Energy Security Concerns: The View from China and Southeast Asia
This essay identifies the causes of increased energy consumption by China and Southeast Asian countries, assesses the potential for energy scarcity and insecurity to cause tension and conflict in the South China Sea, and concludes by considering strategies for promoting regional energy cooperation.
Although China and the ASEAN countries vary in resource endowments and energy consumption levels, energy security, resource scarcity, and climate change present major concerns for all countries with energy interests in the South China Sea. To meet these challenges, China and ASEAN countries are accelerating their diversification of energy resources, but significant challenges remain. China has emerged as an increasingly large gas consumer and has put great emphasis on getting as much of its future oil and gas from as close to home as possible, which increases its interest in developing energy resources in the South China Sea. ASEAN countries are also turning to gas to generate electricity and provide for industrial and home use. These trends could lead either to increasingly stiff competition or to enhanced energy cooperation. Energy cooperation between national oil companies in some specific areas could function as a confidence-building measure, laying the groundwork for a process of official regional energy cooperation in the form of an “East Asian energy community.” Such cooperation makes sense from both an economic and a security perspective.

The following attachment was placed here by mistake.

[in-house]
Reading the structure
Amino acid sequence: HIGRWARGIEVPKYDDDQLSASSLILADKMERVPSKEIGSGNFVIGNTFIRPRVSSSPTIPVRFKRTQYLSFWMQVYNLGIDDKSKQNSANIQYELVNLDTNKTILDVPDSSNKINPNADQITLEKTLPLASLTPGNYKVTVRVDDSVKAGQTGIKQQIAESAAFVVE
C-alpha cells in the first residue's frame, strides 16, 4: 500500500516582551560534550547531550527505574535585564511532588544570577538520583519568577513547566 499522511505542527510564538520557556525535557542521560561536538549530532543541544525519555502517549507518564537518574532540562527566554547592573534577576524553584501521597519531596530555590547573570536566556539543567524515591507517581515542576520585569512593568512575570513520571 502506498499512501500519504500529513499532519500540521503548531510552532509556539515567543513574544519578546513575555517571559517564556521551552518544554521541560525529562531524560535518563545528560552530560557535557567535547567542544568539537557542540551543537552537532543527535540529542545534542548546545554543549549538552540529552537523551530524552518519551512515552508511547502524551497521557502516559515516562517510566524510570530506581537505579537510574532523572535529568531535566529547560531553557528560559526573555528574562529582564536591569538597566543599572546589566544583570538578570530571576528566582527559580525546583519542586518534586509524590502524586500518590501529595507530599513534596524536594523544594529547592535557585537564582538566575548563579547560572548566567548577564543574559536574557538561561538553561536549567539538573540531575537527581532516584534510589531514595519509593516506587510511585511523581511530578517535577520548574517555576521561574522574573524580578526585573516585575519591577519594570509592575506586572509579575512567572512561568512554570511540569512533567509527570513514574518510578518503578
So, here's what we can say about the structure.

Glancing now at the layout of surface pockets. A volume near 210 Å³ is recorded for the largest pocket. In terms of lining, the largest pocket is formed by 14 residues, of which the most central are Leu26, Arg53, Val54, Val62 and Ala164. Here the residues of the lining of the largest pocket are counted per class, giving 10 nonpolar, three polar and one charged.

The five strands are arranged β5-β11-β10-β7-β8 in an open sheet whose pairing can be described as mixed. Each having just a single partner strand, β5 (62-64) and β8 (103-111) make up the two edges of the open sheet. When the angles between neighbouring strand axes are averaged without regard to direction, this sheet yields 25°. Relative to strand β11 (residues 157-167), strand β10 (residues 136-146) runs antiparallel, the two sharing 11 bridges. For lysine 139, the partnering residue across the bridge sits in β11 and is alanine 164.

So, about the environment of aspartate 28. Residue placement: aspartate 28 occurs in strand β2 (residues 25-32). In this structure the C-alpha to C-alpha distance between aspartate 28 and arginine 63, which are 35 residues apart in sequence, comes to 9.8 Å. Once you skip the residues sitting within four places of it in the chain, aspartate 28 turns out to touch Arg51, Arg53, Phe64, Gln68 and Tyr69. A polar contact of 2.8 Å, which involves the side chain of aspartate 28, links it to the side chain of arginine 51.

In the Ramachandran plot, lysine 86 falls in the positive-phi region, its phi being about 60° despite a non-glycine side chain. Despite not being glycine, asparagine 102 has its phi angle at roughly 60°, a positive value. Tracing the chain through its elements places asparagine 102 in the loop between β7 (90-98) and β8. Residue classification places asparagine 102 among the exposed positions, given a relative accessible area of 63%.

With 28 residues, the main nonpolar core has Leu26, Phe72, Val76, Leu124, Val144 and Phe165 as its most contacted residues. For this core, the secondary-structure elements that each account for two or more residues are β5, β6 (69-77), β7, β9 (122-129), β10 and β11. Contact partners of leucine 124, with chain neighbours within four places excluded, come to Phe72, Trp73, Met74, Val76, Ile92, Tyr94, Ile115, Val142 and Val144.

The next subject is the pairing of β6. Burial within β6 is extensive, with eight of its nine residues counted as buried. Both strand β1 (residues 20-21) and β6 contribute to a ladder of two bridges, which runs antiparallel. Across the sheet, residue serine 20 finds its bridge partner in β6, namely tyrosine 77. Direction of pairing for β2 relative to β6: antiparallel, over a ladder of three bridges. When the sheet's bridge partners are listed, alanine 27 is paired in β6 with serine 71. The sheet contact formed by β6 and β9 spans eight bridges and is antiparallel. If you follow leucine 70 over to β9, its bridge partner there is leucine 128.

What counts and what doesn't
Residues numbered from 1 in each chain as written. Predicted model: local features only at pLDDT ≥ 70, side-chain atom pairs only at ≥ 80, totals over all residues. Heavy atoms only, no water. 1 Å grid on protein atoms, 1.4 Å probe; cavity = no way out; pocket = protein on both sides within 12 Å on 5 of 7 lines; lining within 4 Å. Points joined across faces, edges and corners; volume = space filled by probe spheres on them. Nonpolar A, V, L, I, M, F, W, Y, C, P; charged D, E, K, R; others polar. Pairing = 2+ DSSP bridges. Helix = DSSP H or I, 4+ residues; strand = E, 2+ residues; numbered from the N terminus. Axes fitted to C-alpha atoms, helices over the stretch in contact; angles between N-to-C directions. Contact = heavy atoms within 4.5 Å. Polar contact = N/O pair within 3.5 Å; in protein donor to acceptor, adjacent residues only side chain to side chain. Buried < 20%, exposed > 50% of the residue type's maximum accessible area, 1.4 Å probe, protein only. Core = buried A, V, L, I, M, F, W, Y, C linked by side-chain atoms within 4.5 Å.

Given the potential for resource competition to lead to conflict in the South China Sea, China and Southeast Asian countries must enhance cooperation by forging a rational energy security partnership in general and maritime cooperation more specifically.
The prerequisite for China-ASEAN energy cooperation is mutual trust, particularly with respect to the South China Sea.
The best way to decrease energy concerns is to increase energy efficiency and develop renewable energy. Exclusively pursuing oil for energy security will increase oil dependence and costs in the long term.
A framework of energy cooperation and joint research between China and Southeast Asia should be supported as a step toward a pan-Asian energy cooperation network.
China and the ASEAN countries can begin by enhancing energy cooperation in a few specific areas, such as by promoting energy conservation, increasing the efficiency of existing technologies, and modifying consumer energy-use behavior.